ADVrider

Go Back   ADVrider > Riding > Day Trippin'
User Name
Password
Register Inmates Photos Site Rules Search Today's Posts Mark Forums Read

Reply
 
Thread Tools Search this Thread Display Modes
Old 06-04-2013, 12:57 PM   #46
ArmyJoe OP
Beastly Adventurer
 
ArmyJoe's Avatar
 
Joined: Jul 2011
Location: Columbus, OH
Oddometer: 1,095
Day 4 (May 29th)

Up at 9 AM, it was time to start the 3-day journey home. The first day was a short trip up the Blue Ridge Parkway and a few stops, but my plans fell apart. The first stop was supposed to be Wheels Through Time, but they're not open on Wednesdays. The second stop was supposed to be Grandfather Mountain, but I didn't have enough time. More on that later.

By the time I was packed and ready to head out, it was about 10 AM. The Texas ADV guys were heading up the BRP too, so I hung out a few minutes more waiting for them.





We got underway about 10:30, but ran into trouble almost immediately. Leon (aka FocusFrenzy) sprung a coolant leak and headed back to Kickstand Lodge. Since I had a GPS, Jeff (aka TossingLead) and Dave (aka TWTourist) followed me to Cherokee. After gassing-up, Dave decided to head back to Kickstand Lodge to help Leon with repairs. Dave was heading to Virginia Beach, so we headed up the BRP.

Dave (aka TWTourist)



Jeff (aka TossingLead)



The Parkway offered spectacular views, but the tunnels sucked. I was wearing sunglasses, so I was damn-near blind going through them. All I could do was just aim for the middle of the road and pray a cyclist wasn't in there with me.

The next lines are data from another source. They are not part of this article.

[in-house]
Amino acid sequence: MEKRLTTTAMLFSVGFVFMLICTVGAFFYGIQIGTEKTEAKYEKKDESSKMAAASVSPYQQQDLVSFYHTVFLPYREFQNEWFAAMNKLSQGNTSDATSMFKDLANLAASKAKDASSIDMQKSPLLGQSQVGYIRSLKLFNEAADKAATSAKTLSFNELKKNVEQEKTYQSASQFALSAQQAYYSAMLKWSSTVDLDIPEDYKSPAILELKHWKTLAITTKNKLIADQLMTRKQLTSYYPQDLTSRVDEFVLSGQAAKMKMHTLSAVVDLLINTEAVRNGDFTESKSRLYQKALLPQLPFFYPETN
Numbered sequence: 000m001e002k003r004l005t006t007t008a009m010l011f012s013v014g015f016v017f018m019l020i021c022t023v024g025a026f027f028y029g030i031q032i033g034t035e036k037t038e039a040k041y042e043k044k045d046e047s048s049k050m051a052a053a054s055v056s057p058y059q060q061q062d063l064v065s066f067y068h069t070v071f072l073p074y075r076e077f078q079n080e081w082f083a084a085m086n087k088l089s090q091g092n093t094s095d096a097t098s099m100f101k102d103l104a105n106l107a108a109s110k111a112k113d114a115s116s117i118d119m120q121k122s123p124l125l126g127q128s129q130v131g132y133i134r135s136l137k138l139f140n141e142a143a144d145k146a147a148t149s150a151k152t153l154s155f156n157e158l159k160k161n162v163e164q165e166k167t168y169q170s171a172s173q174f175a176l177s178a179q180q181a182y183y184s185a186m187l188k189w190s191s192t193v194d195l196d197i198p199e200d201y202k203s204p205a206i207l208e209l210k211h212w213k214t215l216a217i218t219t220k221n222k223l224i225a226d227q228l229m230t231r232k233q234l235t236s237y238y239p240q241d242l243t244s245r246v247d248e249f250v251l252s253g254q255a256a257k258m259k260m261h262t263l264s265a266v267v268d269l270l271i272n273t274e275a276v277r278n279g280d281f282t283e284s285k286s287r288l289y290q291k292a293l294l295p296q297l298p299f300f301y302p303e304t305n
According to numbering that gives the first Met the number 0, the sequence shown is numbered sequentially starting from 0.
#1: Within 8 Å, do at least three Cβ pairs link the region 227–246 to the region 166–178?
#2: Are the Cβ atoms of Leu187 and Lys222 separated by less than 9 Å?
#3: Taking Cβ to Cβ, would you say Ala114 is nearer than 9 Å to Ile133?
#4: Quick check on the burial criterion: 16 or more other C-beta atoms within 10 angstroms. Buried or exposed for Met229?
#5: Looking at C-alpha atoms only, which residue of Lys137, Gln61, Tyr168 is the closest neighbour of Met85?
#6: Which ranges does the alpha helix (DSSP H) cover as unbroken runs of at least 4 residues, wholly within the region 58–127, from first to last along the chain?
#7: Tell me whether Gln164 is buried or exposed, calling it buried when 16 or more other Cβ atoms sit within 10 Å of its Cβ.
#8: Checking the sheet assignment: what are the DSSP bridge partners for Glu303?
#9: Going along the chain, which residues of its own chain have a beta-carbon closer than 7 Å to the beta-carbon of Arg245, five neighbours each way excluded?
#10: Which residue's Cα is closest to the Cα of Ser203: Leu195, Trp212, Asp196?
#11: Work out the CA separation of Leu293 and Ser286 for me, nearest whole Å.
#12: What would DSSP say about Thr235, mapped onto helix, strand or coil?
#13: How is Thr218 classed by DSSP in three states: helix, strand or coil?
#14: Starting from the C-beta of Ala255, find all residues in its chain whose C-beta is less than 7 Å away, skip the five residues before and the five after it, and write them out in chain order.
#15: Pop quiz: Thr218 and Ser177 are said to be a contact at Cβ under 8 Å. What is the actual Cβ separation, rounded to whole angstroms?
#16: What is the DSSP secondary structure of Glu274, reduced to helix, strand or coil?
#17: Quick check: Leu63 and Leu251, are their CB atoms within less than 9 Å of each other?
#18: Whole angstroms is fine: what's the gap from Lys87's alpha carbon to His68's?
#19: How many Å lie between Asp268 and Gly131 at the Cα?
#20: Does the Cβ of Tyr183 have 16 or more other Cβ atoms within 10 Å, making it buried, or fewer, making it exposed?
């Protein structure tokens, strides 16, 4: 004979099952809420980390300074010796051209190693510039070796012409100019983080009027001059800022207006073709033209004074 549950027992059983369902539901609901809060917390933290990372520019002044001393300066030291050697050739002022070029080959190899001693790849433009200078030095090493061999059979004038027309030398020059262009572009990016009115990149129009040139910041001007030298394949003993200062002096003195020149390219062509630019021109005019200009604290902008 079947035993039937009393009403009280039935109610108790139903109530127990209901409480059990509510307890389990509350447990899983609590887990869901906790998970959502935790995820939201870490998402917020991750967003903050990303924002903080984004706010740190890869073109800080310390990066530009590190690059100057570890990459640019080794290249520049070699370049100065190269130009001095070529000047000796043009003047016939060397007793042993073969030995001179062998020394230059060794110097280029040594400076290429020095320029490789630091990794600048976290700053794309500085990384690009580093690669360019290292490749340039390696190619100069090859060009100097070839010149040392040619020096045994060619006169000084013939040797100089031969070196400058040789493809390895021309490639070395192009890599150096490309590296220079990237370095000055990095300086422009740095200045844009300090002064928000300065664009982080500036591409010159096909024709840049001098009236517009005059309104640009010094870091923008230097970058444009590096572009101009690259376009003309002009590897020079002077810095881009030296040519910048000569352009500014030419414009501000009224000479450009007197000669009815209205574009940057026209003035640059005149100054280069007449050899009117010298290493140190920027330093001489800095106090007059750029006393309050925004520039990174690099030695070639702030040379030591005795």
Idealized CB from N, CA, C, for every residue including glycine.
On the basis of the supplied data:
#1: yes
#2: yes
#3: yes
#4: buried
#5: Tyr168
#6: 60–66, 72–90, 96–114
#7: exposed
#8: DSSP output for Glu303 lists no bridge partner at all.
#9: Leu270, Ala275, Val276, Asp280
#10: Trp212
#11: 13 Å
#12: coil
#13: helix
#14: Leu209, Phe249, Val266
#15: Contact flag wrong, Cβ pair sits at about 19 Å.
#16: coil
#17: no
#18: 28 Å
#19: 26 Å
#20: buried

We made one stop mid-morning at the high point.





And stopped at Asheville for lunch. By this time, the three and a half days on the saddle were beginning to take their toll and my ass was pretty sore. Dave's GPS was telling him he was heading further away from his goal, so we said our goodbyes and he prepared to head east on I-40. I went in search of WalMart to buy an ATV seat cover and an air mattress. Almost an hour later I was back on the road, but not feeling better. I was glad for the seat length so I could move around, but I still couldn't get comfortable. I found myself making extra stops to get off the bike.

At the Craggy Gardens overlook, I met Damian from Argentina, who was touring on his BMW. Unfortunately, he had broken down, but some other riders had his rescue underway.



Views from the overlook.





Getting back on the bike, I only made it 50 miles to the Linville Falls Visitor Center before I had to stop again. Nature called and as I'm sitting there trying to figure out why I'm so sore, I look down and it finally hit me. It was my underwear. When I ride, I usually wear moisture-wiking compression shorts. On all my previous, single-day trips, I never had them on long enough to have a problem. But now, the seam of the shorts was creating wear marks and irritation. Not having anything else to change into, I just decided to go commando. What a difference. Within 30 minutes, all the pain was gone and I rode the remainder of the trip without any issues.

Maybe next time, Grandfather Mountain.



18 miles out, I see my goal for the evening, Stone Mountain State Park, North Carolina.



Another view from 9 miles out.